My Christmas in Yellowstone was not filled with a Christmas Tree, bright lights, Christmas carols, piles of wrapping paper, family and grandchildren but it was the best in all of my many years as a single person without a family.
For nearly three months now I have been living right outside of Yellowstone and have spent much time in the park. I have been greatly disappointed by the lack of wildlife sightings and that has me feeling frustrated at times. But, still, I enter the park with optimism and the sure knowledge that it will be a new day. I don’t much understand the way things are going, what with wolves being killed right and left and the way the park feels so empty, but do know that one day, I will drive in and everything will change.
There is a huge drama unfolding and it might not be the way that I would like for it to go but I am committed to staying and watching what will happen next.
But while I am waiting to see what happens, I am determined to find the best that Yellowstone has to offer. I will watch the sun move over the mountain tops, look in the shadows for wildlife, crane my neck to see what is moving on the rocks, look for the otters swimming in the river, keep my eyes peeled for birds and stand in the cold and look through a scope to find canines off in a distance.
Some days I just sit in the car and watch, and on others I take off down a trail. I haven’t gotten the great sunrise or sunset, the perfect wildlife moment or even a landscape that I am especially proud of. But I keep studying and learning what this place and the people who frequent it have to teach me.
While Christmas was filled with beautiful landscapes, friends, good food and a lot of time in the park, it was also filled with the harsh realities of Winter in Yellowstone. There were many reports of bison trying to get around on three legs and each animal seemed to be located in a different part of the park. There was an elk carcass at Little America, a deer carcass at the North Entrance Gate, and a bison bull that fell through the water at Blacktail Lakes and after hours of struggle was unable to get out and so rangers put the animal out of its misery. There were some wolves off in a distance – I saw three – moose eating willows in the park, eagles, a lot of coyotes and reports of the big horns coming down to the Lamar River. Not so bad, not really. The elk are moving to lower elevations and are more visible, including some beautiful bulls. Fewer wolves means more coyotes and they can be pretty entertaining to watch and shoot.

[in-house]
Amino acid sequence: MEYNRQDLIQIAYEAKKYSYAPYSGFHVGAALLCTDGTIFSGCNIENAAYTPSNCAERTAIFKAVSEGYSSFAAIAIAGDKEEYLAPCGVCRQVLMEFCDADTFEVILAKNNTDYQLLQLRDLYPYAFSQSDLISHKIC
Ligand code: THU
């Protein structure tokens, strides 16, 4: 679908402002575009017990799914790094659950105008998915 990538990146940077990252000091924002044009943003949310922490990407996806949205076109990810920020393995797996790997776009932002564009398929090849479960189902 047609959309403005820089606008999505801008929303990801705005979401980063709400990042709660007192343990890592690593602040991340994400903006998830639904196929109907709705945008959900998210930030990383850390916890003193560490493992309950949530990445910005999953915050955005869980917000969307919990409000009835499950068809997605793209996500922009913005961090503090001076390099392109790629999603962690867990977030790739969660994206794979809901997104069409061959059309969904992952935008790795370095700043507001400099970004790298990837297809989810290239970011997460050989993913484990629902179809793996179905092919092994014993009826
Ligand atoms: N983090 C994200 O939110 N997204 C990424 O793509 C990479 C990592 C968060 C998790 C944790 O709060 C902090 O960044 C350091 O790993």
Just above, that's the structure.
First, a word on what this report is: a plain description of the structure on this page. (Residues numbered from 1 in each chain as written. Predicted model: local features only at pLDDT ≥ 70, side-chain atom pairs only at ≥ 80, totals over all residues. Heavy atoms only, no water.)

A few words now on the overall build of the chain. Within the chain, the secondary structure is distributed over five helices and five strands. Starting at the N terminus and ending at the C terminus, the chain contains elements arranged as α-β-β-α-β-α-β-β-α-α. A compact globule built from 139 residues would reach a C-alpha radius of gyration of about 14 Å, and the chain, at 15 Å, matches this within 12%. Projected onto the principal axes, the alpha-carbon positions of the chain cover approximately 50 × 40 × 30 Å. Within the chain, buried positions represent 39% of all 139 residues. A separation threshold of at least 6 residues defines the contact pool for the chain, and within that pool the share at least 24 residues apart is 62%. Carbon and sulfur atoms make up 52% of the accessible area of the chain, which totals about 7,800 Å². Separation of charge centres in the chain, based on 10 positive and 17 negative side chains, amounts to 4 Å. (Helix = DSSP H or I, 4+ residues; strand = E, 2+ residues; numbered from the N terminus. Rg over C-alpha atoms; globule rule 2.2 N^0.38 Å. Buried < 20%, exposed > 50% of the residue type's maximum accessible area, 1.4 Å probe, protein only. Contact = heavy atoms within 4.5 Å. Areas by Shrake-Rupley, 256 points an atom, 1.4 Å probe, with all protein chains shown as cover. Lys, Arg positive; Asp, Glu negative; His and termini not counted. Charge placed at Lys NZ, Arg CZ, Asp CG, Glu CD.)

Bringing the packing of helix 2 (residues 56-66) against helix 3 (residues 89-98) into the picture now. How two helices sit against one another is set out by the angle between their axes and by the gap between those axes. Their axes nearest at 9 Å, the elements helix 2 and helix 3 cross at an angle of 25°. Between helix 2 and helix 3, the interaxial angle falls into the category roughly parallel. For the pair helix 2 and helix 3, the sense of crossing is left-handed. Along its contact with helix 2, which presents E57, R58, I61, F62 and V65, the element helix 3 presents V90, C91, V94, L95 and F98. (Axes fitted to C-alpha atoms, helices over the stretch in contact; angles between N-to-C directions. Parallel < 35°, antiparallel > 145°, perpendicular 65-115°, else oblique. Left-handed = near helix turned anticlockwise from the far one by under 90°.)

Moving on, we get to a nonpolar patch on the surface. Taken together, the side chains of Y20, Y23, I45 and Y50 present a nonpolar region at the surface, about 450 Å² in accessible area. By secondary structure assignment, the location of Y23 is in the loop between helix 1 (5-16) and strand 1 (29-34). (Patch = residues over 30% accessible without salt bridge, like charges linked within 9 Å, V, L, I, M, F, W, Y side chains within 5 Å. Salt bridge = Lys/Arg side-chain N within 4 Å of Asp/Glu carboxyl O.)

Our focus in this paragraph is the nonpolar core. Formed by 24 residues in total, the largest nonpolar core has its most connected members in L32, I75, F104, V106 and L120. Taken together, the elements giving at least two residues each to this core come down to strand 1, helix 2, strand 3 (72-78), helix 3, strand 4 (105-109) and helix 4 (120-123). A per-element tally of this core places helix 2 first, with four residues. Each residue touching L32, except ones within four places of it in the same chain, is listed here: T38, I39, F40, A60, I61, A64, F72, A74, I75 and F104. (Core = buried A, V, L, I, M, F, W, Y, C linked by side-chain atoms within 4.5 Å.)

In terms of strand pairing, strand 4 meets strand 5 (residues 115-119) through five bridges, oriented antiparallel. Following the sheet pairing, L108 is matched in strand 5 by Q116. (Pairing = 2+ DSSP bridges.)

I came here to see life in Yellowstone, which also includes death. These are not pretty sights always but they are fascinating. And, despite how tragic it was for the bison bull, the next day I stayed and watched as other animals filled their bellies. It was good to see the coyotes full and running with joy or rolling in the snow. That bison was doing its final job.
Christmas was simple and without expectation and I wonder if maybe that is the way it was meant to be – celebrating life and death without frivolous trimmings and petty arguments. I have no decorations to take down, just a lot of good leftover food to eat, and turkey soup stock on the stove.